The Majeski class also argues that they are not barred by the statute of limitations because the defendants actively concealed the fraud by lying about the relationship between BFI and New World, citing Davenport v. A.C. Davenport Son Co., 903 F.2d 1139 (7th Cir. 1990) ( overruled by Short regarding the statute of limitations). The class argues that the defendants failed to inform the investors that the Balcor defendants and New World were involved in serious disputes, which eventually led to a settlement agreement in the summer of 1987.
The defendants, however, point out that BFI's Second Quarter 1987 Interim Financial Statement disclosed the existence of the settlement agreement. In addition, the settlement agreement is distinct from the alleged "safe and conservative" portrayal of the BFI investment, to which the plaintiffs should have discovered the alleged fraud based on the reasons discussed above.
The Majeski class also argues that the defendants waived the statute of limitations argument by waiting more than a year after the Short decision to bring their motion. The defendants argue that their answers to the amended complaint, given a few months after the Short decision, stated the statute of limitations as an affirmative defense. This court finds no reason to conclude that the defendants waived this argument.
The absolute language of § 13 of the Securities Act of 1933 applies to the Eckstein class, i.e. " [i]n no event shall any such action be brought to enforce a liability created . . . more than three years after the sale" (emphasis added). In Short, the court noted that this language "sets three years after the sale as the outer limit for litigation." Short at 1392. Because the last possible day of receipt of the BFI prospectus and sale of BFI investments was December 31, 1985, the last day to file the Eckstein complaint within the three-year prong of the statute of limitations was December 31, 1988. The Eckstein complaint was filed on February 10, 1989, and must therefore be dismissed as untimely.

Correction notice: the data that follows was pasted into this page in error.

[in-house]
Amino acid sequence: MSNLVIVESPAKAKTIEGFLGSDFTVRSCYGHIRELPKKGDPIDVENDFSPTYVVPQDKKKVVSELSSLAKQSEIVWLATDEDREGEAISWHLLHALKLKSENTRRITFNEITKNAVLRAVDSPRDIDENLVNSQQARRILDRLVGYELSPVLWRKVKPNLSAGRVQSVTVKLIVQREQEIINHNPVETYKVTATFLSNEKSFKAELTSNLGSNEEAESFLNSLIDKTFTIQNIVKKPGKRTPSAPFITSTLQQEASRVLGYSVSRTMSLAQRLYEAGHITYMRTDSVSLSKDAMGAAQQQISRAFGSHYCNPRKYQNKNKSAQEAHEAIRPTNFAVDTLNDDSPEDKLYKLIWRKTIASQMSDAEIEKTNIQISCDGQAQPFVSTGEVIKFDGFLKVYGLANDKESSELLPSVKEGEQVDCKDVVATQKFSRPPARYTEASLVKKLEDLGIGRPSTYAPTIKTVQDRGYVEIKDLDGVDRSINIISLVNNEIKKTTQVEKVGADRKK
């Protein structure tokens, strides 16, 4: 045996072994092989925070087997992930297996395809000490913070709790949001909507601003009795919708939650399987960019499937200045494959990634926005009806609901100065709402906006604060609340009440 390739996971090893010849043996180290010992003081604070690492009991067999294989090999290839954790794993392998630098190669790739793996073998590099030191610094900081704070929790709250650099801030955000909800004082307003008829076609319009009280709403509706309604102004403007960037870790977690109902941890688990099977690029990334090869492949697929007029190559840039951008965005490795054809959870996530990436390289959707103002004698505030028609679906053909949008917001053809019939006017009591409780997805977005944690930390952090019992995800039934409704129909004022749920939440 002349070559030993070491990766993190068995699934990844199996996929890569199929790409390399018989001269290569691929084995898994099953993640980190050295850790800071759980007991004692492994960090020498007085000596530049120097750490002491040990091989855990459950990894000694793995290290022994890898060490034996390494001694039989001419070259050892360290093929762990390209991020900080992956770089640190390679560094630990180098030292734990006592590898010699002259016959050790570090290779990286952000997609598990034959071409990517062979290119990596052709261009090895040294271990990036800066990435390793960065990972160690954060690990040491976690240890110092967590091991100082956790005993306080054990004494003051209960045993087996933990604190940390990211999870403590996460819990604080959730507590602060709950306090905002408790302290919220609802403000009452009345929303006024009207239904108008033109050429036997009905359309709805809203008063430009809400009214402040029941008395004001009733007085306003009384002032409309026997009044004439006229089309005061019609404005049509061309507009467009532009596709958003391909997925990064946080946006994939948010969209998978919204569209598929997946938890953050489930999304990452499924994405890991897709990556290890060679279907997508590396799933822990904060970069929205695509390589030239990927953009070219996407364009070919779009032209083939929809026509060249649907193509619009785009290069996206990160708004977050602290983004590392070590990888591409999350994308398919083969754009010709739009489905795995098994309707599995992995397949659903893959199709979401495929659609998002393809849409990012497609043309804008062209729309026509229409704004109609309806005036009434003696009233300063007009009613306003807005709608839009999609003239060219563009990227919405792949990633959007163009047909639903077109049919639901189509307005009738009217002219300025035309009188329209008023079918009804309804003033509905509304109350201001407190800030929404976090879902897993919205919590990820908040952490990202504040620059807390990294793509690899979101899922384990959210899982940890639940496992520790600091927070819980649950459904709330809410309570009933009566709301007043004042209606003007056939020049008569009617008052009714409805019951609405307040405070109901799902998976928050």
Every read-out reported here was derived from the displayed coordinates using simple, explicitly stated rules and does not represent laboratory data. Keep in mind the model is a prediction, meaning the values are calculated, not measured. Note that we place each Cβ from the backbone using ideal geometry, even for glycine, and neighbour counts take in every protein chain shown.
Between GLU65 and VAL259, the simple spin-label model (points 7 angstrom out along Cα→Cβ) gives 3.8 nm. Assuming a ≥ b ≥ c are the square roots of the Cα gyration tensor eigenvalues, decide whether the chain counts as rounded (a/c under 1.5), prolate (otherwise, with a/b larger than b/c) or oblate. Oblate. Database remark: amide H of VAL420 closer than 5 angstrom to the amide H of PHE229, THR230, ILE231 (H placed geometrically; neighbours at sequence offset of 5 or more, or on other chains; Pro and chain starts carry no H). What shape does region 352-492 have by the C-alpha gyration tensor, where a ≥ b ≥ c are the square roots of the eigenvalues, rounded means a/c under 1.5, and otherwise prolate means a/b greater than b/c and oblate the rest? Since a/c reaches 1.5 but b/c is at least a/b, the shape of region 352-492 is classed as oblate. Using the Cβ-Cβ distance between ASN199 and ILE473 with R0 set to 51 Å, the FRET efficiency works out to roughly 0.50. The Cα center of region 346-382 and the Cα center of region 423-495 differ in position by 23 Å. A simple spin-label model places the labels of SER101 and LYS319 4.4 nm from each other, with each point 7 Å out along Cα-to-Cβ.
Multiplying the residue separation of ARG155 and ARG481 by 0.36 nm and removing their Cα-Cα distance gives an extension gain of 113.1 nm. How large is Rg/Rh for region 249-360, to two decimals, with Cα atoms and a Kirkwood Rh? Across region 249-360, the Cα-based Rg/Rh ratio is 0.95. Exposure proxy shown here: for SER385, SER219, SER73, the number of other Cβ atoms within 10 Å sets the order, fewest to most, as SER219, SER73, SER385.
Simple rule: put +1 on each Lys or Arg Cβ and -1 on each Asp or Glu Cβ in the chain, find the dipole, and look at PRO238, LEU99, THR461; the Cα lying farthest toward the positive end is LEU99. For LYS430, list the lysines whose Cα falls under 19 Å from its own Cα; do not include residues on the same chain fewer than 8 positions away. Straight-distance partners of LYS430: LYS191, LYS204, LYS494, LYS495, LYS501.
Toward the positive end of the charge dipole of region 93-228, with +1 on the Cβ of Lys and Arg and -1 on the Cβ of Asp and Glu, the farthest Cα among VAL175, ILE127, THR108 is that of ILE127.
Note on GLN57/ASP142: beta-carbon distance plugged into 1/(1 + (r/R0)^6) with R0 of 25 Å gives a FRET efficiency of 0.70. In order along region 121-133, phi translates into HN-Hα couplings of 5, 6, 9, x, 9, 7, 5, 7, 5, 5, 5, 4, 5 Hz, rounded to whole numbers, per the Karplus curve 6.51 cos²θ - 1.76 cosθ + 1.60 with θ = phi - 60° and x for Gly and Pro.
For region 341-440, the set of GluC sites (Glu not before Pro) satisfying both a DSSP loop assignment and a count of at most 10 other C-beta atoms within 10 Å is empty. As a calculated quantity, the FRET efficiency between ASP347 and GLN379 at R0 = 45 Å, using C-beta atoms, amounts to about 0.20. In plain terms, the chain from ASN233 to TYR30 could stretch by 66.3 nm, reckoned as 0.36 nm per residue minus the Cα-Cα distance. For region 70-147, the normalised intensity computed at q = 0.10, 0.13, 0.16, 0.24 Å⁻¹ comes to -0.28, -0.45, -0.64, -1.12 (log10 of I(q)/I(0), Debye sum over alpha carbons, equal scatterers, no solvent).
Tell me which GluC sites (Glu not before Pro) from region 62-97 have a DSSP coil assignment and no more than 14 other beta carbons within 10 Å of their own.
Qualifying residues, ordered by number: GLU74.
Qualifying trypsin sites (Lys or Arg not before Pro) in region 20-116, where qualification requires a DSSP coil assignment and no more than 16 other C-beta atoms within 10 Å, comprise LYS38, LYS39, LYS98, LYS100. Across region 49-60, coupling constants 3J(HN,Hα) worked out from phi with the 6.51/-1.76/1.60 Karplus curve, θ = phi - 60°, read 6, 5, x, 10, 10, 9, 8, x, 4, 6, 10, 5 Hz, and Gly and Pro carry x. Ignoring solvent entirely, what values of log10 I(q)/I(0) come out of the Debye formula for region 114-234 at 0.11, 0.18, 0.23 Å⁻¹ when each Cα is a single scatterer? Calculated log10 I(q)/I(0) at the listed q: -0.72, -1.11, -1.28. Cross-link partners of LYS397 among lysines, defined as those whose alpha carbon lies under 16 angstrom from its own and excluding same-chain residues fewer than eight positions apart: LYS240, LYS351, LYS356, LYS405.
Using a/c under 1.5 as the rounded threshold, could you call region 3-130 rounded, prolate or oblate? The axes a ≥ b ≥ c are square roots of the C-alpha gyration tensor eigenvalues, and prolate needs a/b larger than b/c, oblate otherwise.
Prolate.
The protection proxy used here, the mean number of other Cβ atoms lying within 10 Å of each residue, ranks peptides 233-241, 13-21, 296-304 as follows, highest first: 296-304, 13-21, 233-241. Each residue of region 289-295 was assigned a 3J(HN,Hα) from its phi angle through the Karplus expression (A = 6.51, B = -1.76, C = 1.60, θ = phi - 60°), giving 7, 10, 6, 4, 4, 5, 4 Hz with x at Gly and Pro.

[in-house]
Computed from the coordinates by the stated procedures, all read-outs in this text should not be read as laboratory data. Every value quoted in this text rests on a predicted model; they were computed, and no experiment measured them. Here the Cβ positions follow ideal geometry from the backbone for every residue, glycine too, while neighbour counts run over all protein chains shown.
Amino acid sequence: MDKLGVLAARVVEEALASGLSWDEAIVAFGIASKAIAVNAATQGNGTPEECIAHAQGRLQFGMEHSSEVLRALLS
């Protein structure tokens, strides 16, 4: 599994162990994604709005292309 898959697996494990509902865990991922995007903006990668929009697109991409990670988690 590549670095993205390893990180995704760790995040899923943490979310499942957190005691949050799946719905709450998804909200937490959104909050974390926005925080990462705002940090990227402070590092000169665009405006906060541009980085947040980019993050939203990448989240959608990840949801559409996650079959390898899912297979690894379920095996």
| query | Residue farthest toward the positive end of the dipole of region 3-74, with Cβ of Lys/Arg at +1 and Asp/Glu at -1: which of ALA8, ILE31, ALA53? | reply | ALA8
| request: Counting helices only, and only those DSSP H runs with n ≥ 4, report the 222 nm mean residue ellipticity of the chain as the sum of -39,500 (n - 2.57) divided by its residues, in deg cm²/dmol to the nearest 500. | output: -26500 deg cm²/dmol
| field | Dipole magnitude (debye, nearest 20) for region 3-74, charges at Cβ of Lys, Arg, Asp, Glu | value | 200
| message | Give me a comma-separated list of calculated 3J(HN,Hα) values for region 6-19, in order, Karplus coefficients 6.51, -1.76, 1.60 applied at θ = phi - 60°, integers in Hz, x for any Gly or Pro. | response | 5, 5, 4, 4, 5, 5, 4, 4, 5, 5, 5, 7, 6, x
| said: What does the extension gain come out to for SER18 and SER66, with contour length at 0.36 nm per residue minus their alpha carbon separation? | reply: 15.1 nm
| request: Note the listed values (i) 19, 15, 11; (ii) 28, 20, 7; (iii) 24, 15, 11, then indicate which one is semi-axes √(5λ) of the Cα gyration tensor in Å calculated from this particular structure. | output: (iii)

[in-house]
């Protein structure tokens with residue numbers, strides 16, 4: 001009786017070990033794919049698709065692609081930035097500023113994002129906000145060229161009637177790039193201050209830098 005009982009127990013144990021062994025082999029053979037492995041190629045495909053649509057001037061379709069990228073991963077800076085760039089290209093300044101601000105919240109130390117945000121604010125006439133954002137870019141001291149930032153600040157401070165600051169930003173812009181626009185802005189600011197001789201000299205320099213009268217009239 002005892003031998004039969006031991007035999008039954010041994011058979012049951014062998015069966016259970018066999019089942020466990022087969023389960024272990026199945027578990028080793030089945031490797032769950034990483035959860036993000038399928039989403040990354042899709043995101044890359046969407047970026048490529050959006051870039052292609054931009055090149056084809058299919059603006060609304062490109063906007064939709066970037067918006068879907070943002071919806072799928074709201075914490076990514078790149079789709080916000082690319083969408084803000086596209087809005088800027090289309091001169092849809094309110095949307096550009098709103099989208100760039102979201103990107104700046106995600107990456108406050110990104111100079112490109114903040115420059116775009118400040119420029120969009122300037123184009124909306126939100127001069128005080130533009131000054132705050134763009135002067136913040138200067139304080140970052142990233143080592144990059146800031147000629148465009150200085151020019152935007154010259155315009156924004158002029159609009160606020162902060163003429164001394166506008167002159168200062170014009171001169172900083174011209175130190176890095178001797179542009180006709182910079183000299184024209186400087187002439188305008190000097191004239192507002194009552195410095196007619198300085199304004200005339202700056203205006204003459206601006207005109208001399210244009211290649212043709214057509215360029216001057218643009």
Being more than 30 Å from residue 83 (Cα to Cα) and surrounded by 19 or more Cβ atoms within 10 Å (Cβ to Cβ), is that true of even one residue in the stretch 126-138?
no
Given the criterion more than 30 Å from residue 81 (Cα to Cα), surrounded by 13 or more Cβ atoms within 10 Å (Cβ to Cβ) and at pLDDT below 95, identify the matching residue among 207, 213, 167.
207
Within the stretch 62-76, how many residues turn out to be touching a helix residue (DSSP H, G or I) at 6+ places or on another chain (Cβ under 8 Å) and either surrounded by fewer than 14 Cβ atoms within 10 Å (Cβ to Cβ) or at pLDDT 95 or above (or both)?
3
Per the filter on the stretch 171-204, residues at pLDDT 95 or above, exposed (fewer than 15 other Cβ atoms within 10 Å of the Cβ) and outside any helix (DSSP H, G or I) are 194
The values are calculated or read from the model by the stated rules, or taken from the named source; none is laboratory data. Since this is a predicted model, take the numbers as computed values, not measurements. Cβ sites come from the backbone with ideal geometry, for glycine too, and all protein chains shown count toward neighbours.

The Eckstein class also argues that the defendants' fraudulent concealment, as distinct from equitable tolling, applies to the statute of limitations. This court finds, however, that the Seventh Circuit law as expressed in Short imposes an absolute three-year limitation on actions brought pursuant to § 10(b) and Rule 10b-5.
IT IS THEREFORE ORDERED that the defendants' November 5, 1991 motion for summary judgment is GRANTED and the above-captioned actions are DISMISSED.